Grimes-Maguire, Rebecca and Keane, Mark (2005) Expecting a surprise? The effect of expectations on perceived surprise in stories. In: Proceedings of the Twenty-Seventh Annual Conference of the Cognitive Science Society. Erlbaum, Hillsdale, NJ, pp. 833-838.
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This paper describes two novel experiments that investigate the cognitive basis of surprise in stories depicting simple, everyday events. Participants were asked to read a number of short scenarios, each of which concluded with some surprise event for the central protagonist. The story versions differed in how strongly they predicted this ‘surprise’ conclusion, by varying the degree of attention drawn to key enabling conditions for that conclusion. The effect of this manipulation on participants’ surprise ratings, and the speed with which they read the final sentence, were used as dependent measures. The results of our experiments show that the specific representations built by people in understanding the earlier part of a story have definite effects on their level of surprise at later events. Furthermore, the pattern of reading times for the target sentences supports the explanation given for these differences. We discuss the consistency of these findings with theories of discourse comprehension and describe how such effects might be modelled computationally.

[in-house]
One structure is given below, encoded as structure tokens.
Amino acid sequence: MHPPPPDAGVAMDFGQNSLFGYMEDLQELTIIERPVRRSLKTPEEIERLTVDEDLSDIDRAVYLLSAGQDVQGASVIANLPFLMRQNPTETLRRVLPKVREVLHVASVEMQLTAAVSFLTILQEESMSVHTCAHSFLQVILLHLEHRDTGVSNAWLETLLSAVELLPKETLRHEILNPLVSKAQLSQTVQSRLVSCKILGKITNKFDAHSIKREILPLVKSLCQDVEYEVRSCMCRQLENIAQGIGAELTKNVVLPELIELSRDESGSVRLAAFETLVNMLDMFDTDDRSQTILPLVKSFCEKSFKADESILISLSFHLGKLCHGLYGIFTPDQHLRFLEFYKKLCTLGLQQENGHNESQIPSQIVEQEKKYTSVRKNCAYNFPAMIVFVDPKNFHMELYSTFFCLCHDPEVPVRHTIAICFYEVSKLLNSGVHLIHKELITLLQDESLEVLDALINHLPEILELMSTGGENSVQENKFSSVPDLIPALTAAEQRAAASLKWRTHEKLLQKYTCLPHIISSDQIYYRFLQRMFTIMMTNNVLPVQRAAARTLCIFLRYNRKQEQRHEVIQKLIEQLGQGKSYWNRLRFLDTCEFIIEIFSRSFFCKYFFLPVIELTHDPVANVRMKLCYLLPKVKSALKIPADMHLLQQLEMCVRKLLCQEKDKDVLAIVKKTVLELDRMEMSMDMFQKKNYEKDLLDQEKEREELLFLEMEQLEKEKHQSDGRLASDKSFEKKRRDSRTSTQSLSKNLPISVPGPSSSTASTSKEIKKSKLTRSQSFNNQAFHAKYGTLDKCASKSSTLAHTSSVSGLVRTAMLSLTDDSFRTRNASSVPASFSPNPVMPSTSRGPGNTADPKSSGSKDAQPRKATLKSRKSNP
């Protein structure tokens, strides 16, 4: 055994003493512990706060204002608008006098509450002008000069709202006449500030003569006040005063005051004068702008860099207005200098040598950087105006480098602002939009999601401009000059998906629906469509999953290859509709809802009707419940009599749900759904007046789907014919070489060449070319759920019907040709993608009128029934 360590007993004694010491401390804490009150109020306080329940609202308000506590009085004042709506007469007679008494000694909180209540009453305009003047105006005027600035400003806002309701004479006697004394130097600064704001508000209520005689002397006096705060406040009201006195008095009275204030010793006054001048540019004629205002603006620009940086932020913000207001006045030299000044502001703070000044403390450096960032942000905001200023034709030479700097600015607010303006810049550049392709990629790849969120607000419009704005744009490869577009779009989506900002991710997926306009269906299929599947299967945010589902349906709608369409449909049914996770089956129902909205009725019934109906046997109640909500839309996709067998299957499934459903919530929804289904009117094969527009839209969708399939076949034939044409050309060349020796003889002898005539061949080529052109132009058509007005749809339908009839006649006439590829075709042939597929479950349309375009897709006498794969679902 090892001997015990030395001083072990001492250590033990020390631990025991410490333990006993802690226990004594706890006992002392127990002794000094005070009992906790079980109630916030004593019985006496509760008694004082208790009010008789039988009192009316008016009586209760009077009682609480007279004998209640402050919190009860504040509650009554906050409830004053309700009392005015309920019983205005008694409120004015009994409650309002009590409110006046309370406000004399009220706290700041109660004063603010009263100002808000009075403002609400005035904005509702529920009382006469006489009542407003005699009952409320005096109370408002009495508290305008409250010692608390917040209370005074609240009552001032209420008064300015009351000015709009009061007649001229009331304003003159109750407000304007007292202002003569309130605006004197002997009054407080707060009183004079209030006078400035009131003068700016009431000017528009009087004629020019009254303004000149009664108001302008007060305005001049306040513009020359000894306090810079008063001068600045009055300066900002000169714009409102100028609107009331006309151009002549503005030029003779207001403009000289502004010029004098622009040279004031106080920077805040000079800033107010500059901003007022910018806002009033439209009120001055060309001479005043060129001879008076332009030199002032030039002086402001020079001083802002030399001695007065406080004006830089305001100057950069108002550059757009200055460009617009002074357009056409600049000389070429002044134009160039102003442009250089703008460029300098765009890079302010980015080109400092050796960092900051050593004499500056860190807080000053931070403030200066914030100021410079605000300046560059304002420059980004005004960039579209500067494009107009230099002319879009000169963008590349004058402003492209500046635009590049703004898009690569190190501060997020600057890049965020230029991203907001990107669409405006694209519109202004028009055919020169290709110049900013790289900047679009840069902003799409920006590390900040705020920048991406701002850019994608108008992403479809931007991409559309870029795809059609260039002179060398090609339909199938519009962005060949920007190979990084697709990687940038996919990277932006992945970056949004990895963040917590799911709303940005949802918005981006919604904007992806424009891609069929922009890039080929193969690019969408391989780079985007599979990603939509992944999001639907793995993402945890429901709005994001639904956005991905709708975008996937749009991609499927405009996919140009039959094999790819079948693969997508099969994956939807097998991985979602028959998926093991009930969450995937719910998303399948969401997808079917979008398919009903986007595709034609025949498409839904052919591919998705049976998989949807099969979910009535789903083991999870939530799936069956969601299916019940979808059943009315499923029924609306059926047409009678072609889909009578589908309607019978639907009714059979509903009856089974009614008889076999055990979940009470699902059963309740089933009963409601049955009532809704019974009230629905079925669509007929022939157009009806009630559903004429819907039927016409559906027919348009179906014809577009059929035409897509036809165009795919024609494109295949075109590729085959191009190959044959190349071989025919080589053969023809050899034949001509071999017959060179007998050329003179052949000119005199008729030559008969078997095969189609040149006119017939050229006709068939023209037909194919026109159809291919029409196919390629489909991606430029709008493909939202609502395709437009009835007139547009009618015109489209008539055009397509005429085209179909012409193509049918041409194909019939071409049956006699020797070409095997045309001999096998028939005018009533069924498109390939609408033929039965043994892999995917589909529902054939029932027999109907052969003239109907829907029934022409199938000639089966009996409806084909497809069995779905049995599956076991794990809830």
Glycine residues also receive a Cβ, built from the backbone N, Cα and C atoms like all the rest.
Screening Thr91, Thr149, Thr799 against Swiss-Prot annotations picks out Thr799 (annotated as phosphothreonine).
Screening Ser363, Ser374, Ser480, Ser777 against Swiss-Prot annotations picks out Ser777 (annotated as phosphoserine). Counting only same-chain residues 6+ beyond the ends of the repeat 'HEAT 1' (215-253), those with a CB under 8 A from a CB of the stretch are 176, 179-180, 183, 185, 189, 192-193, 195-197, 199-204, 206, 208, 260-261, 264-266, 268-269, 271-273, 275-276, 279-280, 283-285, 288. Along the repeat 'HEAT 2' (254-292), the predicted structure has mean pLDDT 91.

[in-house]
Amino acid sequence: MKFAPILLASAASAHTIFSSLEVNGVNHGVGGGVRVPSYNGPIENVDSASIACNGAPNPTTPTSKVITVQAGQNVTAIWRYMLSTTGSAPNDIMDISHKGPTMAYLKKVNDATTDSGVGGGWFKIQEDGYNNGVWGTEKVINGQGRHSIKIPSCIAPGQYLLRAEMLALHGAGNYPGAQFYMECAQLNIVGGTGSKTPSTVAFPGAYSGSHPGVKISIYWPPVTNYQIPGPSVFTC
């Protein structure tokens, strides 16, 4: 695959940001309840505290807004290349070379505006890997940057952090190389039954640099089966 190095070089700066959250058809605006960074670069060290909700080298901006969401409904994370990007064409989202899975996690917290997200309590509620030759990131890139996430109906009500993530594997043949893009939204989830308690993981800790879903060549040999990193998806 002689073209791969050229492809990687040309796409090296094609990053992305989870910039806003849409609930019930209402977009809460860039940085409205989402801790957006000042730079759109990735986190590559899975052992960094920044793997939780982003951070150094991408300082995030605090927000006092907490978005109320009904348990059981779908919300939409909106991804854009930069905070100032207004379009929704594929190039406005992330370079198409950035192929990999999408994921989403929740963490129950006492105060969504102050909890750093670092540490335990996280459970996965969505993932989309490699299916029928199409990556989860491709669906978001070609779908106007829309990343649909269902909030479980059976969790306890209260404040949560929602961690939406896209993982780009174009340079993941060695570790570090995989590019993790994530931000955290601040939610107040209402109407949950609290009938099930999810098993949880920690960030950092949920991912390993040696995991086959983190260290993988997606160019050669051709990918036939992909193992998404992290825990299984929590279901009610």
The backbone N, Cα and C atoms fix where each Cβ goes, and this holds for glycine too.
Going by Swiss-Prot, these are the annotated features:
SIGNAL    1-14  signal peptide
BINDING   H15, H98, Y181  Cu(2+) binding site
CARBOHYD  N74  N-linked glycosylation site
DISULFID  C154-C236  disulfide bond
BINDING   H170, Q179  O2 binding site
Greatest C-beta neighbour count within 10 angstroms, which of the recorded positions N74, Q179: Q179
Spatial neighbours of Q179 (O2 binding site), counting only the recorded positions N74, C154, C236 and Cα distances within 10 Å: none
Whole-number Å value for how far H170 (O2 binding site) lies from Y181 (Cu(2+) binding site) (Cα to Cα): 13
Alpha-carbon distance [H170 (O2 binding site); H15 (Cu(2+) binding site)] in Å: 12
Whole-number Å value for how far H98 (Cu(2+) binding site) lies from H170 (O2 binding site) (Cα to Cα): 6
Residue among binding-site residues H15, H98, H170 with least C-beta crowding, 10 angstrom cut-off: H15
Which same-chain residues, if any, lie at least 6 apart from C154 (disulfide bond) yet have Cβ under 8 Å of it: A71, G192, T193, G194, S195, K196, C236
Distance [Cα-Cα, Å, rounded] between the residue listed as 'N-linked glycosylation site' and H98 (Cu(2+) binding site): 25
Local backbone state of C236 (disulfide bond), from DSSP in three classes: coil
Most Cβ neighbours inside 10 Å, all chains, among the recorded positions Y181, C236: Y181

|Item Type:||Book Section|
|Subjects:||B Philosophy. Psychology. Religion > Psychology > Emotions > Surprise|
|Divisions:||School of Business > Staff Research and Publications|
|Depositing User:||CAOIMHE NI MHAICIN|
|Date Deposited:||15 May 2014 14:50|
|Last Modified:||18 Nov 2014 15:56|
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